The princess parrot is a medium-sized Australian parrot found in arid regions in Western Australia, the Northern Territory, and South Australia. The species is popular in aviculture thanks to its pleasant colouring, ease of breeding, and placid disposition.
Housing & Compatibility
Princess parrots are placid birds that can be kept as multiple pairs per aviary, or in a mixed collection with other placid species. As they’re quite large, housing them with finches is fraught with danger, so stick to larger birds like doves and neophema parrots.
Princess parrots should be provided with an adequate amount of flying space to ensure they receive adequate exercise. Birds that do not have room to fly may suffer from stress or obesity. Four meters (12 ft) of uninterrupted flying space is recommended.
Branches from non-toxic trees should be provided as natural perches. The birds will also enjoy chewing on bark, leaves and seeds for entertainment and beak exercise.
Princess parrots can be very noisy, especially when housed in groups. Be thoughtful of your neighbors when deciding where to house this species.
Princess parrots are closely related to regent parrots and superb parrots. There is a potential for hybridization if these species are housed together.
Diet & Feeding
Seed forms the basis of the princess parrot’s diet. A quality mix designed for small parrots or lovebirds will be acceptable. Seed lacks many essential vitamins and minerals which must be compensated for by introducing other foods. Sprouted seed increases the nutritional value of seed and is a cheap way to improve your birds health. Freshly grown green seed heads should also be offered frequently.
Princess parrots also require a wide variety of fruit and vegetables to ensure good health. They enjoy sweet juicy fruits such as apple and pear, but it’s important to also provide more-nutritious green foods such as broccoli, kale and bok choi. Corn on the cob is especially appreciated.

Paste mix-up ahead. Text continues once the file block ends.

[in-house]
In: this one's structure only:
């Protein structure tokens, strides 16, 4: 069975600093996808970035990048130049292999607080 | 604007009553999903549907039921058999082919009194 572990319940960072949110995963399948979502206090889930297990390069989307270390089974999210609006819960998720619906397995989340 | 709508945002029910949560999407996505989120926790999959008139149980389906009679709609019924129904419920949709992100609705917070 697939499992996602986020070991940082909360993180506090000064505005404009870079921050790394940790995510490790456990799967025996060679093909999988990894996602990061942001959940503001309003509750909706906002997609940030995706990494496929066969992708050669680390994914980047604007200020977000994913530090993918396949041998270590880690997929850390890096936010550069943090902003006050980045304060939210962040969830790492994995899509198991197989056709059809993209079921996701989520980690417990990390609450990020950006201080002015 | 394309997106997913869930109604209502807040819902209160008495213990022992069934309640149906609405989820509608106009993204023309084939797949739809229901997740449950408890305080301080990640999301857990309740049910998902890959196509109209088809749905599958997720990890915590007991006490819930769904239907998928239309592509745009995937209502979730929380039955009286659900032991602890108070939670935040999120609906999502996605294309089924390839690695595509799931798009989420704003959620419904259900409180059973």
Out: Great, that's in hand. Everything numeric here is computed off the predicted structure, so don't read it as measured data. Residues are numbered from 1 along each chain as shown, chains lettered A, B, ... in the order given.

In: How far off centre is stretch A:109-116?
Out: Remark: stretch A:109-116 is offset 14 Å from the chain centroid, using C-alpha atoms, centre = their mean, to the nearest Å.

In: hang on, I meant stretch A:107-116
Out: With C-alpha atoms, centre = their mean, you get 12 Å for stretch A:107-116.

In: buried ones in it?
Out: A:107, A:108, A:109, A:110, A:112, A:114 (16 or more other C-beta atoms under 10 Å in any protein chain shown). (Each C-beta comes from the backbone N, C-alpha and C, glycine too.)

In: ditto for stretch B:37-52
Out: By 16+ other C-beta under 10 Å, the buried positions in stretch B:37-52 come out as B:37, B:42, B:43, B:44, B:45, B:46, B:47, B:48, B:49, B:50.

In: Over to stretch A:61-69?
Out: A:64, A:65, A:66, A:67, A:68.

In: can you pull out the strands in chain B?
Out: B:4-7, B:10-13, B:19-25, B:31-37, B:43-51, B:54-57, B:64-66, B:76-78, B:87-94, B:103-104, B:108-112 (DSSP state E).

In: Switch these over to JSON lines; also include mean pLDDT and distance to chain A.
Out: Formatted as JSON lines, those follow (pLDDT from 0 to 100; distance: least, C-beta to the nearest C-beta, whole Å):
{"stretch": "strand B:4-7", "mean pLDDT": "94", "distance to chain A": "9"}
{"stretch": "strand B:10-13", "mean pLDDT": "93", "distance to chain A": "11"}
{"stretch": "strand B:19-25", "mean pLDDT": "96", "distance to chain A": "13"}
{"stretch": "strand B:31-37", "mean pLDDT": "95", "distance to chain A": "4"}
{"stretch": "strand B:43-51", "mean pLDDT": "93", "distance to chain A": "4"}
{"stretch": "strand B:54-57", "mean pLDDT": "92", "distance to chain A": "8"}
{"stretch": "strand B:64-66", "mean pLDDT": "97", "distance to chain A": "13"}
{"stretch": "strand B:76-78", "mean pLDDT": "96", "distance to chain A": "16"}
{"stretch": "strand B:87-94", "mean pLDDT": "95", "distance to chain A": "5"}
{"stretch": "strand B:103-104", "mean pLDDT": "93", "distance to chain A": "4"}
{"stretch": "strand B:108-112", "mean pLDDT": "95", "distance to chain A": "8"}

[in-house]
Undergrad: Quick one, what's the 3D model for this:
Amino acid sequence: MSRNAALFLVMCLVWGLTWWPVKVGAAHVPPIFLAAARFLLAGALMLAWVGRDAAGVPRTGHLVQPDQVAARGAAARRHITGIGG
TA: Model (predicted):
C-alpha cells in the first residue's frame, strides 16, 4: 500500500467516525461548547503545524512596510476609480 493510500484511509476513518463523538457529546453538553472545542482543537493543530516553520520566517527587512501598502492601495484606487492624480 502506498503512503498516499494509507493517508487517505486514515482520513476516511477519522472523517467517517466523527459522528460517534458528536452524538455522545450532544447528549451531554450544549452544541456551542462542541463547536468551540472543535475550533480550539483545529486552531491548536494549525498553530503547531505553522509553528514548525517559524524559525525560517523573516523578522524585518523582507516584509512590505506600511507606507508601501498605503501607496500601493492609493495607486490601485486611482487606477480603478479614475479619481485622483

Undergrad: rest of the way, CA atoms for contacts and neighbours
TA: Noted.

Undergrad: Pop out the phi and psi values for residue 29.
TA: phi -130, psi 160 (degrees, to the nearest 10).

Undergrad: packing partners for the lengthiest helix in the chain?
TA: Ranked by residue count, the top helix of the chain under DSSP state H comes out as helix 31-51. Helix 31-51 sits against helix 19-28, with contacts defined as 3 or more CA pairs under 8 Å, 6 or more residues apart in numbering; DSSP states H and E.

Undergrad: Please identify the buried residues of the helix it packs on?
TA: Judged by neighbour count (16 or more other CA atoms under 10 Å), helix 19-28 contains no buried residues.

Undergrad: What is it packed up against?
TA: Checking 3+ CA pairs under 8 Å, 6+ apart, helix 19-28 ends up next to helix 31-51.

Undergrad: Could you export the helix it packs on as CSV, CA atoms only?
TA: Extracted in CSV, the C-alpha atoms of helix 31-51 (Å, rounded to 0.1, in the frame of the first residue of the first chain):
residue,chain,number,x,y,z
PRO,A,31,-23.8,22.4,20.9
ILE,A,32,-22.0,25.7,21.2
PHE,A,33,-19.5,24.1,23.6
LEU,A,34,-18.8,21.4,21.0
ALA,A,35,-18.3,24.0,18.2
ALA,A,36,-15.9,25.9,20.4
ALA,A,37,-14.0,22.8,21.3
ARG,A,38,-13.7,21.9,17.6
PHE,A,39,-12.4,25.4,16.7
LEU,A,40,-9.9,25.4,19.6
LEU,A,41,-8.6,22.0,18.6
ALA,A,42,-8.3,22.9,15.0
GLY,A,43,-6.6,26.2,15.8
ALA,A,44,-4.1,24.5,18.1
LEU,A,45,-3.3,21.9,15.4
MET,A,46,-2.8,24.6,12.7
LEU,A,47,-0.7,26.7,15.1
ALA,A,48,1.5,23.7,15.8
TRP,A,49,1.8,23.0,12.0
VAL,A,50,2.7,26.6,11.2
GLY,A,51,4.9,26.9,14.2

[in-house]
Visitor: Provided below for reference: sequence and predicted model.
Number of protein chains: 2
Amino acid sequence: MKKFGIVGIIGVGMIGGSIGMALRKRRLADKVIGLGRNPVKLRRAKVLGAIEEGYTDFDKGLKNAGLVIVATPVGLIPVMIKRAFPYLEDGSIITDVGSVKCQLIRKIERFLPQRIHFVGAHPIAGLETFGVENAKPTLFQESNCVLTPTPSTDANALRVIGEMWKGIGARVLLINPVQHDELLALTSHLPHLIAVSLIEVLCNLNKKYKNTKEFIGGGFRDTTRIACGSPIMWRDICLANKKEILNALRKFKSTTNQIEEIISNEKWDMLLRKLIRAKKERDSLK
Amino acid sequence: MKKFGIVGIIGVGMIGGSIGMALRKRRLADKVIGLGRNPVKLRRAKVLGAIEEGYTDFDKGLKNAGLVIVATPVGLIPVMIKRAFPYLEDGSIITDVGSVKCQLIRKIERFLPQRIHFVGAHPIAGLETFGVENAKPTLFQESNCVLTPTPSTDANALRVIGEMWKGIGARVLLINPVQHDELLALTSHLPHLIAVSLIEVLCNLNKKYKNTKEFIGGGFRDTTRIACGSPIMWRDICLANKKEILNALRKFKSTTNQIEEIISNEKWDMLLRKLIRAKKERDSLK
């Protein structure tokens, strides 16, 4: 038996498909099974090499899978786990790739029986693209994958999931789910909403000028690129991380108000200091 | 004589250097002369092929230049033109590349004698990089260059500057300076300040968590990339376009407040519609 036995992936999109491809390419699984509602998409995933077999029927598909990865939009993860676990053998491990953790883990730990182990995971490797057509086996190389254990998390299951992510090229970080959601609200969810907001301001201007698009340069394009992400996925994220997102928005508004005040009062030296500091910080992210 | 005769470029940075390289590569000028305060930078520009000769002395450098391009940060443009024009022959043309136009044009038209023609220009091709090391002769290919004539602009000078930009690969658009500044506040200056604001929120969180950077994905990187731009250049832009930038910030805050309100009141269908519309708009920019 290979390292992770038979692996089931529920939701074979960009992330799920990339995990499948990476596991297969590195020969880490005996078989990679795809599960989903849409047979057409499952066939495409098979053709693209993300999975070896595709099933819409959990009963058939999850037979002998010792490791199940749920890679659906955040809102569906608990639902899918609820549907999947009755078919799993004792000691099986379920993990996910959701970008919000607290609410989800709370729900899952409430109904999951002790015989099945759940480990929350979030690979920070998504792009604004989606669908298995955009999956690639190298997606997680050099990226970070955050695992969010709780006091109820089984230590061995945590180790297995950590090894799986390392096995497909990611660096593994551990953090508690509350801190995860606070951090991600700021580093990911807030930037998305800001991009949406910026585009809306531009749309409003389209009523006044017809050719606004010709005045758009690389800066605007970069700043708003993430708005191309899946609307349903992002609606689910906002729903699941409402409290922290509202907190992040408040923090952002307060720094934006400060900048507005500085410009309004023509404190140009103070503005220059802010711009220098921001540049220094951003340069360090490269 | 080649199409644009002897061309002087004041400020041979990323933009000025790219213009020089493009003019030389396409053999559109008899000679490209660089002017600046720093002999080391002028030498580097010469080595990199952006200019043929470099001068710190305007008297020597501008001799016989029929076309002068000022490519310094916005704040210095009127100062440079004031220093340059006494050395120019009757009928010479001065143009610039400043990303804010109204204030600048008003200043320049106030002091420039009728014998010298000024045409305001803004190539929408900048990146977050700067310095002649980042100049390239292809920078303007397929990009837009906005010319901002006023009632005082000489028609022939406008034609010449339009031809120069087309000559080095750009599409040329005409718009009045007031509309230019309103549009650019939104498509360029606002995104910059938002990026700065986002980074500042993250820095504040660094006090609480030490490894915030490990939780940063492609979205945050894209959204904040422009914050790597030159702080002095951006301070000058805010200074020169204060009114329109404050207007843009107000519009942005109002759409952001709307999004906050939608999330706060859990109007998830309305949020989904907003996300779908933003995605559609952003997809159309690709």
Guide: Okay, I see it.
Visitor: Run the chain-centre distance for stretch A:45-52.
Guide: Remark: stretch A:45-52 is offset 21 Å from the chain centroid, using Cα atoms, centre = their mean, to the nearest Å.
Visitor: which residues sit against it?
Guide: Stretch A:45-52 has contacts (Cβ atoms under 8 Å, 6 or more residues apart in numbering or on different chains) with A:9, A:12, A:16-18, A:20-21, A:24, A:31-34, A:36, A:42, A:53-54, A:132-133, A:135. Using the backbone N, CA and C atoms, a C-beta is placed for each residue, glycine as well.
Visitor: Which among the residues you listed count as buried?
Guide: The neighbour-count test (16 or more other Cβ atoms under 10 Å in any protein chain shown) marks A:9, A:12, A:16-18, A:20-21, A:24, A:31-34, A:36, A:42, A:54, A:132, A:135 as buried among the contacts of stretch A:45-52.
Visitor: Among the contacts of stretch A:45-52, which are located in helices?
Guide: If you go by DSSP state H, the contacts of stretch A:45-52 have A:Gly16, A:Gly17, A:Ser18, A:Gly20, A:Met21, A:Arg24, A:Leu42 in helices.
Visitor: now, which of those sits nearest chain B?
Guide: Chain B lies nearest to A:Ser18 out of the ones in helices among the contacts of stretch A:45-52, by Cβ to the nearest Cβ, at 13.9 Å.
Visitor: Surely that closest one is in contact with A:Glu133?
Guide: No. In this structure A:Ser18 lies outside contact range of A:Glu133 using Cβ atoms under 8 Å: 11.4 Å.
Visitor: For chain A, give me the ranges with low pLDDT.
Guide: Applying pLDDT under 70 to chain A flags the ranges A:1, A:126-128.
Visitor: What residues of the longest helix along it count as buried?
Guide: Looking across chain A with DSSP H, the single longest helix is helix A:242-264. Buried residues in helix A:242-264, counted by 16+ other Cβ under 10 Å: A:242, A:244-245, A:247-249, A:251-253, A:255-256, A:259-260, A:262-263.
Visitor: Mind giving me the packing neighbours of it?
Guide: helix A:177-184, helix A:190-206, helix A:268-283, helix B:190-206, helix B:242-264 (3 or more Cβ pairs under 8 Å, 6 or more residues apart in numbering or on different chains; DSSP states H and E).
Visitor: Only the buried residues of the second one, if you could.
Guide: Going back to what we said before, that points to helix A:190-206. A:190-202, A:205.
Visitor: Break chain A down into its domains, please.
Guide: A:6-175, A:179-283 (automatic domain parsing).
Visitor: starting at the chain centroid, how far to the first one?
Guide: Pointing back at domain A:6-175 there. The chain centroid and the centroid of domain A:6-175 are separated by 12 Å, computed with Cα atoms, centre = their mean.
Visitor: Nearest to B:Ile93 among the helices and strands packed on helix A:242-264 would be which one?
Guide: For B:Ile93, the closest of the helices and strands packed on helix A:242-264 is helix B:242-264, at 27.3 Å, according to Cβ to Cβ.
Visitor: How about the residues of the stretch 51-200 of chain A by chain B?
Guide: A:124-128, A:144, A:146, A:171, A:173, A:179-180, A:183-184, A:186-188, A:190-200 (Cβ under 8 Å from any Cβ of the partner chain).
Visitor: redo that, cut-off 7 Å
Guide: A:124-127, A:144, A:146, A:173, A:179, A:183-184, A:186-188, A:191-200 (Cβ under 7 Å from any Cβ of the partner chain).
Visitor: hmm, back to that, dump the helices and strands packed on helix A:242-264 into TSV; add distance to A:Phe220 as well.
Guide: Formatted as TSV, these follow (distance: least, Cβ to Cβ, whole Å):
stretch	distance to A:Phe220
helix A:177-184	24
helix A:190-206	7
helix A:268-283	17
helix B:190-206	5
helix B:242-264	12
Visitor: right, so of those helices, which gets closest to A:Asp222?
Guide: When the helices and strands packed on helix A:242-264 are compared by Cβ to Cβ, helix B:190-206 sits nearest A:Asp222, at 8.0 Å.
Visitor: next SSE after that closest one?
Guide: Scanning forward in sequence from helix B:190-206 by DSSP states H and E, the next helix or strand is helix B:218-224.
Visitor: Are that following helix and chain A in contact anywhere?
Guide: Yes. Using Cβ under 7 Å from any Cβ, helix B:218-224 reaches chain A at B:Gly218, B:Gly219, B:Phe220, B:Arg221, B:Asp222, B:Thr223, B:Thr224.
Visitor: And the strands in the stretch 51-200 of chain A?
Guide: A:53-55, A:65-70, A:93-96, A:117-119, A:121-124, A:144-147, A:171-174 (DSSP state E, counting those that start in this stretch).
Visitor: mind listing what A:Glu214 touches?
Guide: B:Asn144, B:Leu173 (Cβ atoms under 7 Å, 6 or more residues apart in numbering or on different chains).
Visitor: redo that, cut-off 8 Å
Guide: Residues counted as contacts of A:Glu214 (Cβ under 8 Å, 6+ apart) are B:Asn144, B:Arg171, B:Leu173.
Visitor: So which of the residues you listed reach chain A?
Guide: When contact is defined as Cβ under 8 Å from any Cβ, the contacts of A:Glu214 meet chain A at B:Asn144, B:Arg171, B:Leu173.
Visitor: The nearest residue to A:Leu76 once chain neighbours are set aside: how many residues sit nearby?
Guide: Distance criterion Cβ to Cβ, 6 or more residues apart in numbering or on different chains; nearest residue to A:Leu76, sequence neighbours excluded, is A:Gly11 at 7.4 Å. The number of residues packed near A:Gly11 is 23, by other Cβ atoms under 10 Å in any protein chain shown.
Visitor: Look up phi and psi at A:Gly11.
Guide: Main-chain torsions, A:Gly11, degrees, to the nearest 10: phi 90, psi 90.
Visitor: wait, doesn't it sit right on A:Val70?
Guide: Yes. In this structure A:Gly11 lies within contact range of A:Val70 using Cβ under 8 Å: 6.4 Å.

Pellets can be used a more nutritious alternative to seed, but many birds are unwilling to consume them.
Some birds will consume insects during the breeding season. As insects are a great source of protein, live food such as mealworms or termites should be provided if the birds are willing to eat them.
Princess parrots are reasonably easy to breed and generally have excellent fertility and hatch rates. They will typically produce two clutches per year.
Breeding usually commences in spring as the weather begins to warm up. Several different nesting boxes should be offered, as different pairs have differing size/shape preferences. Hollow logs are also suitable as nesting receptacles, however additional care should be taken to control vermin and parasites. A thin layer of pine shavings or sawdust should be placed inside the nestbox.
Incubation is performed exclusively by the hen and lasts for roughly three weeks. Young birds will fledge at 5 weeks of age and become fully independent from their parents 3 weeks later. Young birds can usually be housed with their parents, but they must be separated immediately if aggressive behavior is observed.
Princess parrots are sexually dimorphic, meaning they can be visually sexed. Males have a brighter blue patch on their head and darker pink colouring on the throat.
A fairly wide variety of princess parrot mutations have been established. Frequently seen colours include blue, yellow, and white (albino).
A strict worm control regime and regular preventative treatment for bacterial and fungal infections is critical to ensure the long-term health of any bird.
A well looked after princess parrot will live in excess of 15 years.